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Year : 2021  |  Volume : 10  |  Issue : 1  |  Page : 38-42

The pattern of health care provision and utilization among adult patients with sickle cell disease in Southern Saudi Arabia

1 Department of Medicine, College of Medicine, King Khalid University, Abha, Saudi Arabia
2 College of Medicine, King Khalid University, Abha, Saudi Arabia
3 Department of Medicine, Aseer Central Hospital, Abha, Saudi Arabia
4 Department of Laboratory and Blood Bank, Aseer Central Hospital, Abha, Saudi Arabia

Date of Submission14-Oct-2020
Date of Decision29-Jan-2021
Date of Acceptance05-Feb-2021
Date of Web Publication02-Apr-2021

Correspondence Address:
Husain Y Alkhaldy
Department of Internal Medicine, College of Medicine, King Khalid University, Aseer Central Hospital, Abha
Saudi Arabia
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Source of Support: None, Conflict of Interest: None

DOI: 10.4103/sjhs.sjhs_228_20

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Background: Sickle cell disease is a common hereditary hemoglobin disorder in southern Saudi Arabia. The current models of health care provision and health service utilization are not homogeneous across the kingdom. Aim: The current models of health care provision and health service utilization in a single center in our region were audited to evaluate the current provided healthcare services and suggest improvement if needed. Methodology: In this retrospective chart review study, from 2015 to 2019, all patients with sickle cell anemia admitted to a tertiary care hospital were enrolled in the study. All related data including demographics, laboratory interventions, and management procedures were collected. Descriptive analysis and statistical tests of association were performed. Results: One hundred and twenty-one patients were admitted 165 times over the study period. Vaso-occlusive pain episodes was the most commonindication (58%) for admission, followed by hepatobiliary (16%), and pulmonary complications (12.7%). Most of the provisioned services were of nonspecialized medical or surgical specialties. Blood transfusion was overused (64%), whereas adequate hydroxyurea (HU) therapy was underused (25%). Conclusion: The current study offers a glimpse of some gaps between the current practice and the established local, national, and international guidelines in terms of underutilizing HU and over utilizing blood transfusion. Comprehensive care centers were not available, and care was provided mainly by nonhematologists. Educating health providers and establishing comprehensive care centers would enhance the current model of health care provision.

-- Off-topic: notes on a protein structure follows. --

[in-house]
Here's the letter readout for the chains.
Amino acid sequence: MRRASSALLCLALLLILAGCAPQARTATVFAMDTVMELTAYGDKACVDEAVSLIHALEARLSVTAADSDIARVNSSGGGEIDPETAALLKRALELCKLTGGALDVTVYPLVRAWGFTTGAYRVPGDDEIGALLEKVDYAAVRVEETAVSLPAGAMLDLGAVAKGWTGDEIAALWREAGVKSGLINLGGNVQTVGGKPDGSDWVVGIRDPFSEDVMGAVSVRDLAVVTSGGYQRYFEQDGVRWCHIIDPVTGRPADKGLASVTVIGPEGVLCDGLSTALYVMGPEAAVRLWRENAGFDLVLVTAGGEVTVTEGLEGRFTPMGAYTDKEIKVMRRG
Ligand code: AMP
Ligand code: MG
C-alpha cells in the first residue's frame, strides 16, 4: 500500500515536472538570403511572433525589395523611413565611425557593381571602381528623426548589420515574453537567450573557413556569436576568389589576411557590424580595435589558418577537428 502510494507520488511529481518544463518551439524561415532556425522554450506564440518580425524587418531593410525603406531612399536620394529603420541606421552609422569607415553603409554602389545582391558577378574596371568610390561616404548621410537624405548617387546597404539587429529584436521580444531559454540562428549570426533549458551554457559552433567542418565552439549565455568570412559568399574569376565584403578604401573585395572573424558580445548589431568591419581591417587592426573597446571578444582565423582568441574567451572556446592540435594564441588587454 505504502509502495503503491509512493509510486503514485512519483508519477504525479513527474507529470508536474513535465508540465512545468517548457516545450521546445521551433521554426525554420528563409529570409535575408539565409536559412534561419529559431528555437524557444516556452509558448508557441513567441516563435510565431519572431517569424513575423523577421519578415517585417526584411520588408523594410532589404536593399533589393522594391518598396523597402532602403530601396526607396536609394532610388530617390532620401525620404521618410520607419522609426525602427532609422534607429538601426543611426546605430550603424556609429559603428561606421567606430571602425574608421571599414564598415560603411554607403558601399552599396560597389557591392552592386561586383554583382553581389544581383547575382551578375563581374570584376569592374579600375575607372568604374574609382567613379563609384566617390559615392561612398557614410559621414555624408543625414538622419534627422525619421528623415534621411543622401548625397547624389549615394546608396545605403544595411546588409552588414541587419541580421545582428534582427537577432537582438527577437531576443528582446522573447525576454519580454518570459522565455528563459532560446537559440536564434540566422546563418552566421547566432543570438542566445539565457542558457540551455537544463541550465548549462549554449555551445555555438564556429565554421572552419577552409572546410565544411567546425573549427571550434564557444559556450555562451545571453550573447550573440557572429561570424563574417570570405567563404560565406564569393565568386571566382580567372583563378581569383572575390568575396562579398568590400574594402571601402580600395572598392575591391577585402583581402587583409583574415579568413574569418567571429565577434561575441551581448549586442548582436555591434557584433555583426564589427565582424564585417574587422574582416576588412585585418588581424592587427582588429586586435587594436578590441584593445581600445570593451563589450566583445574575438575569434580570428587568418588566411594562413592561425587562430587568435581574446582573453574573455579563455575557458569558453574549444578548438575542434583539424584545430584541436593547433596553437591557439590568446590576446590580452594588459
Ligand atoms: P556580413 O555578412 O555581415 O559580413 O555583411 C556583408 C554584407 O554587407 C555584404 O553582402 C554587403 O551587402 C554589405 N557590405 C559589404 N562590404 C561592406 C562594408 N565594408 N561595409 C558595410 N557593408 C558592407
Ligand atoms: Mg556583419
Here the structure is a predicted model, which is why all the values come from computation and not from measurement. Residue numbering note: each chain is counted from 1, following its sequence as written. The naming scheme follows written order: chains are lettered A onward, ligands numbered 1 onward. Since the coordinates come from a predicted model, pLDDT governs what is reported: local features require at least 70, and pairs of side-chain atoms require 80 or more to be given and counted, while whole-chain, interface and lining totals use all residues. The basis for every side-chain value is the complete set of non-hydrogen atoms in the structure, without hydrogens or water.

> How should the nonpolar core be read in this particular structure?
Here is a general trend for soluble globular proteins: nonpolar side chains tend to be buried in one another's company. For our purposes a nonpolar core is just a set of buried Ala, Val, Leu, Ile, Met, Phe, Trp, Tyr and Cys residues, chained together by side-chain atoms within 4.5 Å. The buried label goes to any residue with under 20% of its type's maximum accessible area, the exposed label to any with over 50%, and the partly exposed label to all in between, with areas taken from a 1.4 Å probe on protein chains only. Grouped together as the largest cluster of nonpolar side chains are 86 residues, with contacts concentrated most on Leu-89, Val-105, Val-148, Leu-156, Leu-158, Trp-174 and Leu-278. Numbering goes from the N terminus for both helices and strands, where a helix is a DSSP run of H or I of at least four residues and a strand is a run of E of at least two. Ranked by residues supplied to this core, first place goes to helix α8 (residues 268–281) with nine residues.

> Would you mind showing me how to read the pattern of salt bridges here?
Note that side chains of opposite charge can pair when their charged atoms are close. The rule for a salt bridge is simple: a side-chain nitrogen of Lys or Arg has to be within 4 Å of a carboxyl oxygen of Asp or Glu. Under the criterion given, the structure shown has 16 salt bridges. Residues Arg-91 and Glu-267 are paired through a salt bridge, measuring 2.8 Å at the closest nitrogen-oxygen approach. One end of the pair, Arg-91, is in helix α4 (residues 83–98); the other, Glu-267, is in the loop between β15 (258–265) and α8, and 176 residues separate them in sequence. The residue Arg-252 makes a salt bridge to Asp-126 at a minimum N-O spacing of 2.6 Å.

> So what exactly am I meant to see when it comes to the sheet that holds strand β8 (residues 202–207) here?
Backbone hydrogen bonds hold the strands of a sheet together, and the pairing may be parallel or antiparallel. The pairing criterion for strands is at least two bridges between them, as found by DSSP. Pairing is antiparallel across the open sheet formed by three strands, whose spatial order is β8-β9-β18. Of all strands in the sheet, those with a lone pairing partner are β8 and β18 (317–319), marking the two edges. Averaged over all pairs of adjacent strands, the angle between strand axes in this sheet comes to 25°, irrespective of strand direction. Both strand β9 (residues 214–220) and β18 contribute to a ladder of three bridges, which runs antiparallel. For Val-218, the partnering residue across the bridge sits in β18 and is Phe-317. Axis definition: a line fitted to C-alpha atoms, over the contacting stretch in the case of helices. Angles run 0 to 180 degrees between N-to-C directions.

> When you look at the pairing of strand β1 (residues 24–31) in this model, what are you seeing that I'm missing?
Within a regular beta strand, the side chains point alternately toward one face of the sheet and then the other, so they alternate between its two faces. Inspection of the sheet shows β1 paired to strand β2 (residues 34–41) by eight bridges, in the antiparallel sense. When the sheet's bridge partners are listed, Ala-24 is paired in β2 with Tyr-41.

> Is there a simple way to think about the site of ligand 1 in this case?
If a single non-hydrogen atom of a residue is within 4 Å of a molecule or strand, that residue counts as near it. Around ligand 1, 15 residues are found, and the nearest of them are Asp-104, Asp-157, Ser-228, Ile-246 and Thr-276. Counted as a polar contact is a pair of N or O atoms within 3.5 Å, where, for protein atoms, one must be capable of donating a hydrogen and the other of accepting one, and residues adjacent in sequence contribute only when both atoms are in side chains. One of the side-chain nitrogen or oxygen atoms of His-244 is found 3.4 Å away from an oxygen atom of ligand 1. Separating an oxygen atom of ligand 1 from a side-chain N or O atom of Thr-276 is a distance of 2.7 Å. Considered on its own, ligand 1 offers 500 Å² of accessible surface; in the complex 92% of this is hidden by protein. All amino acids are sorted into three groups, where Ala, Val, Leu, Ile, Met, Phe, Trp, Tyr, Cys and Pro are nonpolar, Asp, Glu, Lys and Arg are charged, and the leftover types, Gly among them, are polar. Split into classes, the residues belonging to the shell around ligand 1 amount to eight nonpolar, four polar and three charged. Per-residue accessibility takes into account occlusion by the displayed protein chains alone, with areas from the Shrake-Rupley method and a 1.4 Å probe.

Keywords: Health care, provision, sickle cell

How to cite this article:
Alkhaldy HY, Asiri BS, Ahmed MA, Khozam SA, Alzahrani AA, Alqahtani YM, Alshamrani ND, Bakheet OS. The pattern of health care provision and utilization among adult patients with sickle cell disease in Southern Saudi Arabia. Saudi J Health Sci 2021;10:38-42

How to cite this URL:
Alkhaldy HY, Asiri BS, Ahmed MA, Khozam SA, Alzahrani AA, Alqahtani YM, Alshamrani ND, Bakheet OS. The pattern of health care provision and utilization among adult patients with sickle cell disease in Southern Saudi Arabia. Saudi J Health Sci [serial online] 2021 [cited 2021 Jul 23];10:38-42. Available from: https://www.saudijhealthsci.org/text.asp?2021/10/1/38/312901

  Introduction Top

Sickle cell disease (SCD) is widespread across Saudi Arabia,[1] with the southwestern region, Aseer, and Jazan, containing the largest sickle cell population in Saudi Arabia.[2] The estimated prevalence of SCD, derived mainly from the national premarital screening program, showed an overall (6.8, 7 for sickle cell anemia [SCA] patients, and 42.7, 135.2 for carriers respectively) per 1000 persons.[2] Malaria, agriculture, and human migration are responsible factors for the current distribution of all hemoglobinopathies; including SCD.[3] High-risk marriages and consanguinity marriage maintained the current prevalence of the disease.[4],[5],[6] According to a recent analysis of the Saudi national premarital screening program, the sickle cell allele showed a stable prevalence compared to decreasing prevalence of thalassemia.[2]